MimicManager-3PC infiltrates landing pages to attack consumers and steal data
Something about that display ad on your favorite website speaks to you, so you give it a click. But instead of a nifty product page, a redirect appears claiming that your device is chock full of viruses, call this number now!
You’re taken aback—the company advertising is a recognizable name, so why on earth is their website trying to defraud you and infect your device?
Chances are, the legit advertiser had its landing page hacked—and the company likely doesn’t even know. Through compromised landing pages, victimized advertisers actually become malware distributors—and can help threat actors broaden and improve their consumer targeting efforts.
An evolving malware attack is empowering them to compromise web pages and disperse backdoors and phishing at a never-before-seen rate.
Unsafe Landings Courtesy of MimicManager-3PC
Dwarfing a major increase seen in summer 2021, the amount of malicious landing pages has exploded over the last few months, and grown 4X since the beginning of 2022 [Figure 1].
Even worse, these malicious landing pages are predominantly serving backdoors, which open lasting vulnerabilities on devices and leave consumers prey for more severe attacks such as cryptojacking and ransomware.
A chief culprit of the rise in compromised landing pages is a new attack that The Media Trust’s malware desk has named MimicManager-3PC. This elusive threat has already compromised hundreds of websites, from local real estate and travel agents to major e-commerce shops. It continues to spread like wildfire, with 3-7 new compromised domains appearing every day on average since June. MimicManager is using its scale not only to directly attack consumers, but also build repositories of vital consumer information for future assaults.
And potential targets seem limitless—The Media Trust has detected more than 30 AdTech platforms delivering campaigns with landing pages corrupted by MimicManager.
Numerous attack types are launching from MimicManager, including backdoors and phishing [Figure 3]. Many threat actors leverage the malicious tool for a variety of devious purposes, and some take advantage of the malware’s flexibility to employ device-level targeting and extra layers of obfuscation.
When a consumer accesses/visits a compromised website, MimicManager initially checks to make sure the user is human before deploying its malicious payload from a remote server. This tactic helps the malware evade detection by threat-hunting emulators. MimicManager then checks to see if the consumer has already been hit by one of its malicious payloads.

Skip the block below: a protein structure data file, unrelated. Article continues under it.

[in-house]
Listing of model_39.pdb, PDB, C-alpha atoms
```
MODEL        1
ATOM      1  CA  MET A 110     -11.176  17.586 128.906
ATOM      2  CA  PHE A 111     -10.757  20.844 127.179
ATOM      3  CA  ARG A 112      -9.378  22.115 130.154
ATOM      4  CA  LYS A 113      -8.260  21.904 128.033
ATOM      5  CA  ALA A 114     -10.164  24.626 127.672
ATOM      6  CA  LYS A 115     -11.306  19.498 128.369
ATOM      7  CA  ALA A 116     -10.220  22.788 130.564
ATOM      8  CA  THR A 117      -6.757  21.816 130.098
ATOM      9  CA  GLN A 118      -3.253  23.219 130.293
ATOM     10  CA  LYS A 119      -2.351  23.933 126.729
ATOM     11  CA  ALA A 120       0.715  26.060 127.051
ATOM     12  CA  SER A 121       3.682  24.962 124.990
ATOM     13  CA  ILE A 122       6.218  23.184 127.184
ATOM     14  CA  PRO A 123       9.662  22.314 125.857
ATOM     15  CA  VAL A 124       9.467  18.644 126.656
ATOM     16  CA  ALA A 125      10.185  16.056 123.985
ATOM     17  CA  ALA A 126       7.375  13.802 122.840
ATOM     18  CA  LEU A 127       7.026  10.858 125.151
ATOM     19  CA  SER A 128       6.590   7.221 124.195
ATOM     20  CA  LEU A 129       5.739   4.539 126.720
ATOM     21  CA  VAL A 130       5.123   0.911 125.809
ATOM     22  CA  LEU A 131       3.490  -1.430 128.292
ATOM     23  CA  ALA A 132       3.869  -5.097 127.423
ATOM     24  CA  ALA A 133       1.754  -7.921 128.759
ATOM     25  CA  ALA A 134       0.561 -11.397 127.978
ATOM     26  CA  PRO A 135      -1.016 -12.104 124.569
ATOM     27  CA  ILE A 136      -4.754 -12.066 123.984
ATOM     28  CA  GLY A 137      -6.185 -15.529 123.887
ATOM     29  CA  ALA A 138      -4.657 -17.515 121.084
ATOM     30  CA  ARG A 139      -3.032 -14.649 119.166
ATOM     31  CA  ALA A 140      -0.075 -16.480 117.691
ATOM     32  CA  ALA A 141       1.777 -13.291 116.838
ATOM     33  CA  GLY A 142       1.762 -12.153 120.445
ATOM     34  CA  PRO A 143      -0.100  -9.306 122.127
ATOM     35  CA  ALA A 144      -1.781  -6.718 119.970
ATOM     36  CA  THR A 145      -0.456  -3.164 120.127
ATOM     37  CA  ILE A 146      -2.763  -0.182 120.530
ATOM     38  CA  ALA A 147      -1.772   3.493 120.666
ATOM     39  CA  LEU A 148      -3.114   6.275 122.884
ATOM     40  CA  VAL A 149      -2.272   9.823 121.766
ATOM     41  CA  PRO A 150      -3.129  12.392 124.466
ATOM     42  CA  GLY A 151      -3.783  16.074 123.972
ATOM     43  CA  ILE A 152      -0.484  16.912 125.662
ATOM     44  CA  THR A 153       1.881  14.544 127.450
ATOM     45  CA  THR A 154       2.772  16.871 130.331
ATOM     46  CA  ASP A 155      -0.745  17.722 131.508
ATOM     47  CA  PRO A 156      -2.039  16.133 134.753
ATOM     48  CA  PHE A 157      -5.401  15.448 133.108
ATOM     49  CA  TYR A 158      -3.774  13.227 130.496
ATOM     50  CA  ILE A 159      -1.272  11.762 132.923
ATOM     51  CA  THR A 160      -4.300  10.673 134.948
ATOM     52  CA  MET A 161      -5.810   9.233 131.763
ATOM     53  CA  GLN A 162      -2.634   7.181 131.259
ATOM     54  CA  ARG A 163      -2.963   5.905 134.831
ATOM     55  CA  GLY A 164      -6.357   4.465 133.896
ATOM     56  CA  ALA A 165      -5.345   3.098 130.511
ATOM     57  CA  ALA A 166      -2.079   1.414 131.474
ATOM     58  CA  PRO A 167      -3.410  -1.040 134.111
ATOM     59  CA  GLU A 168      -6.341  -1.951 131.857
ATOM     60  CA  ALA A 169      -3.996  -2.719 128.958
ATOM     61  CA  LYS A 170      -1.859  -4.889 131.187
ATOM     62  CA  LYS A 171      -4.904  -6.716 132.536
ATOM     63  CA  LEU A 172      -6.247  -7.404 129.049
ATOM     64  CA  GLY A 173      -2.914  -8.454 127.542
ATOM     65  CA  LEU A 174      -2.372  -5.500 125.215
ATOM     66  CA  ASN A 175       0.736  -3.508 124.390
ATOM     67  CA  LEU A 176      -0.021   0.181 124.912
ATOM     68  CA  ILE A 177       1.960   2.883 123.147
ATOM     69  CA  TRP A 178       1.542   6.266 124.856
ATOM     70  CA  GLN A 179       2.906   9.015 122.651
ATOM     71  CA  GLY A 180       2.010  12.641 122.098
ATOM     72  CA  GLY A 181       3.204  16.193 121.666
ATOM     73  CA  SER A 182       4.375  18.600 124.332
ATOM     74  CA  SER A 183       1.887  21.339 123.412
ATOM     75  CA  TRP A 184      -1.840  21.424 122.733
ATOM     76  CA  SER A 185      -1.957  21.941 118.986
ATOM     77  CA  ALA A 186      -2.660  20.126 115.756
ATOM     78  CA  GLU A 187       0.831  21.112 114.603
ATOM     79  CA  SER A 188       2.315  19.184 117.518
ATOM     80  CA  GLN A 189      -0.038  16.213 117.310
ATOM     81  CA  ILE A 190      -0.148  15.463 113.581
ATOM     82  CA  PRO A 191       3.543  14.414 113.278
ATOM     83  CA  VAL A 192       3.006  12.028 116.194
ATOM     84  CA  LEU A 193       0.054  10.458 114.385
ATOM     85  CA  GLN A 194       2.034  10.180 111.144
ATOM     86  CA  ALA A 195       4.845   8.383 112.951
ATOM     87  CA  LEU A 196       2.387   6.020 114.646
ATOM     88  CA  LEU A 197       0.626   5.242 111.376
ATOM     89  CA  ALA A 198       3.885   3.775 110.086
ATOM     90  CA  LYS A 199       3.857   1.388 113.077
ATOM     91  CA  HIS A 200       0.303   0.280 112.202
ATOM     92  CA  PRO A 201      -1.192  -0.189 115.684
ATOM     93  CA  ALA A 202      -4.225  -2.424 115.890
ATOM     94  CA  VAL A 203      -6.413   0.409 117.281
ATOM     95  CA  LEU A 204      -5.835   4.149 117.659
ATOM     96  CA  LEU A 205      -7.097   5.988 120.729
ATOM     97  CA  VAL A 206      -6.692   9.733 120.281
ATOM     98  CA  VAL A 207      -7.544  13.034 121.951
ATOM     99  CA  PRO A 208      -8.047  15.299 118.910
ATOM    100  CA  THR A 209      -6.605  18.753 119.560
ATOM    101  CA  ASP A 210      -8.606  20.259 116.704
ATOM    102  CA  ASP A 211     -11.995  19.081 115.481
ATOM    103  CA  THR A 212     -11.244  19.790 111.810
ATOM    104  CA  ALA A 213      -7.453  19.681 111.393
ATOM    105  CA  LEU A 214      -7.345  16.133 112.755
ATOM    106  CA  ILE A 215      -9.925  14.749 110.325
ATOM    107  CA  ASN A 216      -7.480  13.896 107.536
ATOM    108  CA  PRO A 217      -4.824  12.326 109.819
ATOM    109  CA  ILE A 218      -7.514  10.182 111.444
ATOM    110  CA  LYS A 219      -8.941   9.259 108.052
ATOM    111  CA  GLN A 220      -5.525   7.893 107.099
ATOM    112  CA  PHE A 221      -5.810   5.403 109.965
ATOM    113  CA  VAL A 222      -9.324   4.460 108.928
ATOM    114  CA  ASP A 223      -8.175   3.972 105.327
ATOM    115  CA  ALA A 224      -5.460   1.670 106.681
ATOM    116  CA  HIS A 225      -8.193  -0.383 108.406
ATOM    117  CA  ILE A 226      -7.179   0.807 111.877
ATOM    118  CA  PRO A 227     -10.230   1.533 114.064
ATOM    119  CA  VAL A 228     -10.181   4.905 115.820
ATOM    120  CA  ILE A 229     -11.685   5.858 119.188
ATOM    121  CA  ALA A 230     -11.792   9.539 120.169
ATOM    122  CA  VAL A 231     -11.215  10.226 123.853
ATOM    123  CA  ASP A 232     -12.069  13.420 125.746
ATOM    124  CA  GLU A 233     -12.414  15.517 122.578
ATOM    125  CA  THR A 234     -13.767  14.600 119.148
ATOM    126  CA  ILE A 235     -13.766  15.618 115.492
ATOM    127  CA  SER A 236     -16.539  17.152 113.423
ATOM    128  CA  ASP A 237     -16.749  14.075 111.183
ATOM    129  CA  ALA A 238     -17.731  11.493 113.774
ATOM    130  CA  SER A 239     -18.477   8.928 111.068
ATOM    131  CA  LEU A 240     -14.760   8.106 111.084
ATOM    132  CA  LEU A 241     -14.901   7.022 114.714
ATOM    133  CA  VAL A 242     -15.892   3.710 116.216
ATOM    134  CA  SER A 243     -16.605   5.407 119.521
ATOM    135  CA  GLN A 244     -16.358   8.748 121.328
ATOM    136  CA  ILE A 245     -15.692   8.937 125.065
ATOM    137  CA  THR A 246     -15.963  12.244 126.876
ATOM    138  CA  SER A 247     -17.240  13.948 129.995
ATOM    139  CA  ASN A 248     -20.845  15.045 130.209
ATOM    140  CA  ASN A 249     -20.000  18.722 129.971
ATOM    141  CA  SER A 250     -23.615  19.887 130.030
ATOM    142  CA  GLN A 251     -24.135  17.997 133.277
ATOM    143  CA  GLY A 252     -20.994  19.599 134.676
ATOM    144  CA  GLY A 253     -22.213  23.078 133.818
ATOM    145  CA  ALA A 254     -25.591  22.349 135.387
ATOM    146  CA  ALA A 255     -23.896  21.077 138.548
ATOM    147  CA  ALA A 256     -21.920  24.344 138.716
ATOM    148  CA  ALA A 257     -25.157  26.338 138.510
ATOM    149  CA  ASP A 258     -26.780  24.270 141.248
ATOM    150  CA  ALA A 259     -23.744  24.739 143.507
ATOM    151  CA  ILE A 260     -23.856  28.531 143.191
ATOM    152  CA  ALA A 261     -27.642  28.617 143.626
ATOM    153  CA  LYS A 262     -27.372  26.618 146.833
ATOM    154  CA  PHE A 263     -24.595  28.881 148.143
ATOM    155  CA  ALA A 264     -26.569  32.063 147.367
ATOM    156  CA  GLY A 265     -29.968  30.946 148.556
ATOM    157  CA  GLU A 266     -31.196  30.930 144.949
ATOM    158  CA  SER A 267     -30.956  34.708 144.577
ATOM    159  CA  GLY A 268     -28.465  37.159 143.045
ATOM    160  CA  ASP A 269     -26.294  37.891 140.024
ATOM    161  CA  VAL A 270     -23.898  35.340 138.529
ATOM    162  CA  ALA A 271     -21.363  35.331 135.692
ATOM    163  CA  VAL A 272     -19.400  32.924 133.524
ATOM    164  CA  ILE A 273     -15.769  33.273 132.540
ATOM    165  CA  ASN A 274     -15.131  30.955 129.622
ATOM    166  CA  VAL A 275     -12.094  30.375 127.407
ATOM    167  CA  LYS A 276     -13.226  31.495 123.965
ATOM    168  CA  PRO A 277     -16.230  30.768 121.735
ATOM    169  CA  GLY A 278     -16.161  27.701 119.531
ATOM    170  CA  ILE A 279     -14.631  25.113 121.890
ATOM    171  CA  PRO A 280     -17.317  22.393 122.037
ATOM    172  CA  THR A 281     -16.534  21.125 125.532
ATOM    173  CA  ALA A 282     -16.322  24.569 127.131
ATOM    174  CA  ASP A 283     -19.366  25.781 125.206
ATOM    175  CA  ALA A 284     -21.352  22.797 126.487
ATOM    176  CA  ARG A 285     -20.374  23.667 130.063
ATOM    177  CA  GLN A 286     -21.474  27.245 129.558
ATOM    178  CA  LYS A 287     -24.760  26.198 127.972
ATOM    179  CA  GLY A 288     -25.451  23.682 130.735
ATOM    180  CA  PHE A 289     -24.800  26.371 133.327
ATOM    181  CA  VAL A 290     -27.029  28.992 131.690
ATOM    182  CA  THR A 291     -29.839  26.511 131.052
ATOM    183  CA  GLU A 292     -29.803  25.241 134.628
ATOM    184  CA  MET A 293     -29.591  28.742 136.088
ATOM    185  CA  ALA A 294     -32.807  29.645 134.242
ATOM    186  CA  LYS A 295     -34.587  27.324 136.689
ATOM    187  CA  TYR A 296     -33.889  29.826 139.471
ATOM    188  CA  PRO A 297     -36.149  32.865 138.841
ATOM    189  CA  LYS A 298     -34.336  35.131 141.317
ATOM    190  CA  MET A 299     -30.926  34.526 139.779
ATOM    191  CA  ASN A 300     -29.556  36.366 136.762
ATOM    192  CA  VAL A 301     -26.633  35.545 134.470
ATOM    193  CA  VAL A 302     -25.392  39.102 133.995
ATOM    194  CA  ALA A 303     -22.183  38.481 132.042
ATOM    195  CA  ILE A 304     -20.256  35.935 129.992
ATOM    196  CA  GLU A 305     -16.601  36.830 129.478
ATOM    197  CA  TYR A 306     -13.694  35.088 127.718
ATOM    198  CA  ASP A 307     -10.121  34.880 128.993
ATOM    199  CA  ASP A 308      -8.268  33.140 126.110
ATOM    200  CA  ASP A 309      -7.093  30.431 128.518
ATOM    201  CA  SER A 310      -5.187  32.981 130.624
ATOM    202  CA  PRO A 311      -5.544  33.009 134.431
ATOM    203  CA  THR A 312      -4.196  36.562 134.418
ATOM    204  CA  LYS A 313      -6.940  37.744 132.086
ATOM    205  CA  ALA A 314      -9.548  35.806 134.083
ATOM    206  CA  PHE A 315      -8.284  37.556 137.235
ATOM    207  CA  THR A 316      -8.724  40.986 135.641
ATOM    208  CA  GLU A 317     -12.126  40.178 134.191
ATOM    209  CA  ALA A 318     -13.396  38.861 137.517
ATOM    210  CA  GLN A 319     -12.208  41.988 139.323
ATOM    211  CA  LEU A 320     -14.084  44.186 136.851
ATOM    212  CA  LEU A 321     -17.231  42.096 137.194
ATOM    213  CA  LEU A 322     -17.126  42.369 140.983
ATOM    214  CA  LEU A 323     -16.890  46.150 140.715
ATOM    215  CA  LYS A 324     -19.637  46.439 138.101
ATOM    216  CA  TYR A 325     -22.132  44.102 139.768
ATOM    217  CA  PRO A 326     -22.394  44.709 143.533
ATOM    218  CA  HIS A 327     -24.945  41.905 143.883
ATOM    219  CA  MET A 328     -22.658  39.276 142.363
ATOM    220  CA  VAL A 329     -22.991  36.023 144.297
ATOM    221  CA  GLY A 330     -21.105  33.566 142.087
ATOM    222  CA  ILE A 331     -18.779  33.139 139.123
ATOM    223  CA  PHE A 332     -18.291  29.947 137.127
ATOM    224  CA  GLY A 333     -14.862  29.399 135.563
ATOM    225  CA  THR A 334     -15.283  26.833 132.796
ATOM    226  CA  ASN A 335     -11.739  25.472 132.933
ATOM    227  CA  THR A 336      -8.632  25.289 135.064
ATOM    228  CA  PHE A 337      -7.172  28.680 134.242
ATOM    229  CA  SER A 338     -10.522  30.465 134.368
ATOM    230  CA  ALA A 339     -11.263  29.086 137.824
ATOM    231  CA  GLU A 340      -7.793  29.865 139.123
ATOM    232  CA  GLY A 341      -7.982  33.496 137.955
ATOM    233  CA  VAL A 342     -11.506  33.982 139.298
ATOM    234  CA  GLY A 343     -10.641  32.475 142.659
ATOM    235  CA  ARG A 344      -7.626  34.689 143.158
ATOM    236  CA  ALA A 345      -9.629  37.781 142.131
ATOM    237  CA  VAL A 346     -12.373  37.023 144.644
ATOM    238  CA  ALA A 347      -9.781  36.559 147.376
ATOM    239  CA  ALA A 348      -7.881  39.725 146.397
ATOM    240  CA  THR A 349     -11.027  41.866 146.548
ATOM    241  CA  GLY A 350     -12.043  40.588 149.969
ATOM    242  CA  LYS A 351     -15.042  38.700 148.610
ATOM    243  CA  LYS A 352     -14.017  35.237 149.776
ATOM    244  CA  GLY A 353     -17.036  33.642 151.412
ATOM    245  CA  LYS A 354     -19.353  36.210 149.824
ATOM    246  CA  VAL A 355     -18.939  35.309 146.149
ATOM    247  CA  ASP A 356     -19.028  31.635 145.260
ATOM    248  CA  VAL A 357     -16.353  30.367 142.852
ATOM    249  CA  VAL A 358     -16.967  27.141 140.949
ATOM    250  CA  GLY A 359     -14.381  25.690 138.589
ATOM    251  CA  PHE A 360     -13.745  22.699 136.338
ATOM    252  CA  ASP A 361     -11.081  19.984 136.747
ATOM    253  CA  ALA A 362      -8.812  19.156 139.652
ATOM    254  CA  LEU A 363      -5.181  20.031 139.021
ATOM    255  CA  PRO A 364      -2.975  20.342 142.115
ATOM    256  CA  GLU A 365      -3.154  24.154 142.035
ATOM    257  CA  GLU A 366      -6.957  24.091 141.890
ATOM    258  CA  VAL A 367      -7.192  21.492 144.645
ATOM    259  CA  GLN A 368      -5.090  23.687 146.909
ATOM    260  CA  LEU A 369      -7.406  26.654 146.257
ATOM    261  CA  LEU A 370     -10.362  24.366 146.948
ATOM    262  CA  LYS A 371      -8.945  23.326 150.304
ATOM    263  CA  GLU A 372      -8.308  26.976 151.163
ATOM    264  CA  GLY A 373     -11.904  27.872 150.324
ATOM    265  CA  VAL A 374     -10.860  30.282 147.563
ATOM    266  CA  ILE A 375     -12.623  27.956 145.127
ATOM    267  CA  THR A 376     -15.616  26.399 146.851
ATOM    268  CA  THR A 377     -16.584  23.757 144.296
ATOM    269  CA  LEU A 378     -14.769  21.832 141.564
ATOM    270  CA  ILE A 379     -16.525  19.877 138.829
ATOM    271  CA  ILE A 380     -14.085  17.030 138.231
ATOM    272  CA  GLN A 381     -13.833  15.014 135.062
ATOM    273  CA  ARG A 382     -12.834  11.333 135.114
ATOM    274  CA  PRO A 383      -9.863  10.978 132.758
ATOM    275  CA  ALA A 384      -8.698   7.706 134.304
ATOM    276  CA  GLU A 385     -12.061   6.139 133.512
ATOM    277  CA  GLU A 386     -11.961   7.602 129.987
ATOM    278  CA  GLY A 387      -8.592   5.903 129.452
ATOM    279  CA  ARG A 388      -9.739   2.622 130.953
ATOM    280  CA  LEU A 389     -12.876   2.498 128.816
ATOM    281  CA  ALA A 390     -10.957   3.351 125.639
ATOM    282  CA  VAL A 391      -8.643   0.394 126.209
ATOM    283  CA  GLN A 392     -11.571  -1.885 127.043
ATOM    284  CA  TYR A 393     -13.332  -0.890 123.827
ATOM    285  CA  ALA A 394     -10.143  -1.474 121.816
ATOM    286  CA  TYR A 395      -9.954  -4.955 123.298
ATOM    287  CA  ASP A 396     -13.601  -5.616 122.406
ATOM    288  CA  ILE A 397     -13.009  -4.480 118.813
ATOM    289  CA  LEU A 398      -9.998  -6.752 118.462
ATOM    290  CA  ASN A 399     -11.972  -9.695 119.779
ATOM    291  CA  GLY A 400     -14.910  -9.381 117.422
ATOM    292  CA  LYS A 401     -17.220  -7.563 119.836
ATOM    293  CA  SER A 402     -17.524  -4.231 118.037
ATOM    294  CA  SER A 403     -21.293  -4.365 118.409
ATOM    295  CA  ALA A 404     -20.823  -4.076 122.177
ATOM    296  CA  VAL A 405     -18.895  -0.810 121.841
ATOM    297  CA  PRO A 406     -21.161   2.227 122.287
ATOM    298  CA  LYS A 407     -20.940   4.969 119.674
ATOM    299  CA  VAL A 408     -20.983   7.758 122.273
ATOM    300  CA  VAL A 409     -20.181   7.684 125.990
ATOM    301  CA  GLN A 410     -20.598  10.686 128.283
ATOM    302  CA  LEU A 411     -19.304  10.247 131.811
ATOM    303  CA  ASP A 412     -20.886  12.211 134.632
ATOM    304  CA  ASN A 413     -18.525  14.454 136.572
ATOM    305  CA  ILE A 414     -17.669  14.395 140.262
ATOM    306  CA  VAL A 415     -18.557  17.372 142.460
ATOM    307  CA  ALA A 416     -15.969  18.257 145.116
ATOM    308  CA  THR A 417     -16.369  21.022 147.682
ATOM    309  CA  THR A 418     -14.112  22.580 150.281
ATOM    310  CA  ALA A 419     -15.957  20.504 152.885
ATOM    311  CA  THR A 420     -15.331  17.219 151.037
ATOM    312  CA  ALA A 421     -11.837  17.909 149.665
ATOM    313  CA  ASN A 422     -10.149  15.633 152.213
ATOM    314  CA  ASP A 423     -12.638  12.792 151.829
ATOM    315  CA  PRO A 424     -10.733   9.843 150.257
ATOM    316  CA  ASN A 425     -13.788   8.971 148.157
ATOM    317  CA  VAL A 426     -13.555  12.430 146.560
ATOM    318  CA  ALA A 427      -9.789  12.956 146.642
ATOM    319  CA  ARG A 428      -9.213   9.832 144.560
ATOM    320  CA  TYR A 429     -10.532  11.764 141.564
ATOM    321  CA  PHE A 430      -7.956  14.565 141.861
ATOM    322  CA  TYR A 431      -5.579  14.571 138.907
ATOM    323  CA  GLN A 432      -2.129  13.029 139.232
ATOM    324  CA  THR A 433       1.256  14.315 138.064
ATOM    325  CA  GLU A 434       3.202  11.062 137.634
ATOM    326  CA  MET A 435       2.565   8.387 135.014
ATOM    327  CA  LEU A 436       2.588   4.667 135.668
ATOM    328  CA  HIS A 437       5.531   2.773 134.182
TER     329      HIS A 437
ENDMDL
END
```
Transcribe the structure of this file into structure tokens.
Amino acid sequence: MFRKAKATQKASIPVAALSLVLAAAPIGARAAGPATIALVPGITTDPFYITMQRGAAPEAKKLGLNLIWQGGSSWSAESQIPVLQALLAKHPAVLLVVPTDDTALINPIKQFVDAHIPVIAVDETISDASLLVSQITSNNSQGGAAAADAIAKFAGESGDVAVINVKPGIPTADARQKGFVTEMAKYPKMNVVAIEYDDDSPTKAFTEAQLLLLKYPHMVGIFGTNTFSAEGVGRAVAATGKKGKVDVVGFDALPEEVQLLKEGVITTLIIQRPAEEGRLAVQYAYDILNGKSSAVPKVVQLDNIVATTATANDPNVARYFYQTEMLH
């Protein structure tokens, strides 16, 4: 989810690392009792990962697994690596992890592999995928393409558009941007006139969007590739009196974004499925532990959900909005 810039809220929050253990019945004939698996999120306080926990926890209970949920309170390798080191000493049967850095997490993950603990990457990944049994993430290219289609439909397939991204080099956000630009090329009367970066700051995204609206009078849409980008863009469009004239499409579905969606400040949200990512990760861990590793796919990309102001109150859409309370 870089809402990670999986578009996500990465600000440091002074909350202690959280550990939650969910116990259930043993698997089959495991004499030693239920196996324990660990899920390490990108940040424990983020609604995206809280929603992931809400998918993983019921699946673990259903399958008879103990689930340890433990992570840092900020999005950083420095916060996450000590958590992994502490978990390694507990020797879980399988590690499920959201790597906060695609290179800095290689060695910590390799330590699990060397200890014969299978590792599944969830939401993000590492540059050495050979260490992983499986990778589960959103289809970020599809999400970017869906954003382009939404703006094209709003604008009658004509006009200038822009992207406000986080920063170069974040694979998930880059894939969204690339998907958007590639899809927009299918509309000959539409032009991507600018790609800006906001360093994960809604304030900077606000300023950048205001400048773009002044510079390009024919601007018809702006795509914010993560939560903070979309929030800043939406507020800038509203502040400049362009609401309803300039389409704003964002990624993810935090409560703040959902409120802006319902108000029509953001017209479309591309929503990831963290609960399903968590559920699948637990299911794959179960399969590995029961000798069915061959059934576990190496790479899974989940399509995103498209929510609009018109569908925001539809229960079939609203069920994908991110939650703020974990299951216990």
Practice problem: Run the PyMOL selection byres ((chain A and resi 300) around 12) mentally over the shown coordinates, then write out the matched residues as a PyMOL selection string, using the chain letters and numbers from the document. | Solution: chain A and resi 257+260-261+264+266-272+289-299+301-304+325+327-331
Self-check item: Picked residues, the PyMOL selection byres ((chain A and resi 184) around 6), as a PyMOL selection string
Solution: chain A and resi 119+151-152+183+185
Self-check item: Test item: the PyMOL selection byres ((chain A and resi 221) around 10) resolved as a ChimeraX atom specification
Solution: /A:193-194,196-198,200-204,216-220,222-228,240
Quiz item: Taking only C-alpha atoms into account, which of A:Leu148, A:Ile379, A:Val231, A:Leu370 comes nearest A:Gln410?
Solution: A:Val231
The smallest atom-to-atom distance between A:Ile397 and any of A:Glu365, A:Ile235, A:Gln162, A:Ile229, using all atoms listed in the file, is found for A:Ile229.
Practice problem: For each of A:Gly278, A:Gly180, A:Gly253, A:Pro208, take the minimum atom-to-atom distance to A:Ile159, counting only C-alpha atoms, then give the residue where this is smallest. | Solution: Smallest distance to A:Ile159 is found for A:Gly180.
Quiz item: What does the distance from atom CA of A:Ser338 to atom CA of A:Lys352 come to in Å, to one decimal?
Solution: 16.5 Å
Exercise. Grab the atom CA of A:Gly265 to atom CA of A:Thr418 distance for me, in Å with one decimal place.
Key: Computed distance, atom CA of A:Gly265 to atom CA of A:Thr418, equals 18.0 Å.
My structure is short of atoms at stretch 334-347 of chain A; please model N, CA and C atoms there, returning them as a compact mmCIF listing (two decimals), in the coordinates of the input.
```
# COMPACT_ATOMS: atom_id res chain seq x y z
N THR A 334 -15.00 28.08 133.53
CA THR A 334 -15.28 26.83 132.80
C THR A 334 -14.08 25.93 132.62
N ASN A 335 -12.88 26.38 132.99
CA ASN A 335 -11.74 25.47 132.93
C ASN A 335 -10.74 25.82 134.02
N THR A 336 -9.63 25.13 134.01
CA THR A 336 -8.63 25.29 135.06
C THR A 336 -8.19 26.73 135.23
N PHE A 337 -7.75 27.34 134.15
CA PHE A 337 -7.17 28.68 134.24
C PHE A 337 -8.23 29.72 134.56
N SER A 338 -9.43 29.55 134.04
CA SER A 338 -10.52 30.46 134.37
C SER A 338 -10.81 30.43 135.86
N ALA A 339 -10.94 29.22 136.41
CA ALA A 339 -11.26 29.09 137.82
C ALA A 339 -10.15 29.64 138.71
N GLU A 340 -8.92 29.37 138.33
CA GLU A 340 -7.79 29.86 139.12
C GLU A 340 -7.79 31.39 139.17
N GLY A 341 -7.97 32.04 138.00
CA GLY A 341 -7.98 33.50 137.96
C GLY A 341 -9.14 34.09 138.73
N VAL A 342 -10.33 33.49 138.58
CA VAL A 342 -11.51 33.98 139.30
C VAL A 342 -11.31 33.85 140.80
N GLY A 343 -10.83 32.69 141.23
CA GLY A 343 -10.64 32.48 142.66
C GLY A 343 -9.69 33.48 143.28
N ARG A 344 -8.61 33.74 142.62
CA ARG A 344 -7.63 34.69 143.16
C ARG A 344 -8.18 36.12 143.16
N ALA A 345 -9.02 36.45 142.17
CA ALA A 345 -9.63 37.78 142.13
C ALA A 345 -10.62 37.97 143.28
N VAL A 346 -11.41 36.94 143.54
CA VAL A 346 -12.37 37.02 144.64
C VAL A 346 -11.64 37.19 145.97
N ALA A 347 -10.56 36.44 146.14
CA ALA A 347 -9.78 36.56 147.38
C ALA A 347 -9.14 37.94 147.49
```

See, the malware isn’t just dropping backdoors and executing phishing—it’s also exfiltrating consumer data like IP addresses, user agents, and device information to add to a traffic direction system (TDS) [Figure 4]. After MimicManager marks a user as human, the TDS selects the specific malicious payload to deploy. More assaults by MimicManager expands the TDS’ target base and enriches its knowledge pool.
What might be most unique—and most troubling—about MimicManager is that the malicious payload does not appear in call chains, making it far harder to detect. Identifying infected websites requires an examination of source code for key indicators of compromise. Many advertisers will be puzzled why their campaigns are being flagged as malicious—unless their platform and publisher partners help them excise MimicManager.
Many advertisers—especially small and midsized ones—outsource landing page development and overall website design to agencies or freelancers. Sometimes they don’t even have access to the actual CMS. This degree of separation can become a serious problem—web publishing software is updated frequently due to security vulnerabilities, and out-of-date CMSs are ripe targets to hack.
Many advertisers have no clue their landing pages have been compromised by MimicManager. The malware is quite difficult to detect. Advertising platforms and publishers running ads can act as coal mine canaries, protecting consumers and also saving advertisers from embarrassment or worse.
Platforms need to be analyzing not just creatives, but also all clickthroughs and landing pages passing through their pipes. And because many of these malware attacks are highly targeted, a security provider should be scanning for threats with a variety of device profiles—e.g., different browsers, devices, geography. Once compromised pages are identified, platforms can endear themselves to their advertisers by alerting them to the malware and explaining the ongoing threat to consumers.
Publishers leveraging creative blockers need to be sure that their security providers are diligently scrutinizing landing pages; otherwise advertising with MimicManager will show up and invite their audiences to click. Blocklists powered by first-party data from in-house malware analysts tend to be stronger here than ones with third-party lists. Even better, publishers can warn advertisers about compromised landing pages, possibly using the opportunity to forge new and stronger relationships.
Legit advertisers care about the well-being of consumers. The idea of unwittingly distributing malware to potential customers is horrifying. It’s in platforms’ and publishers’ best interest—as well as the consumers’—to help advertisers identify compromised landing pages and take MimicManager down.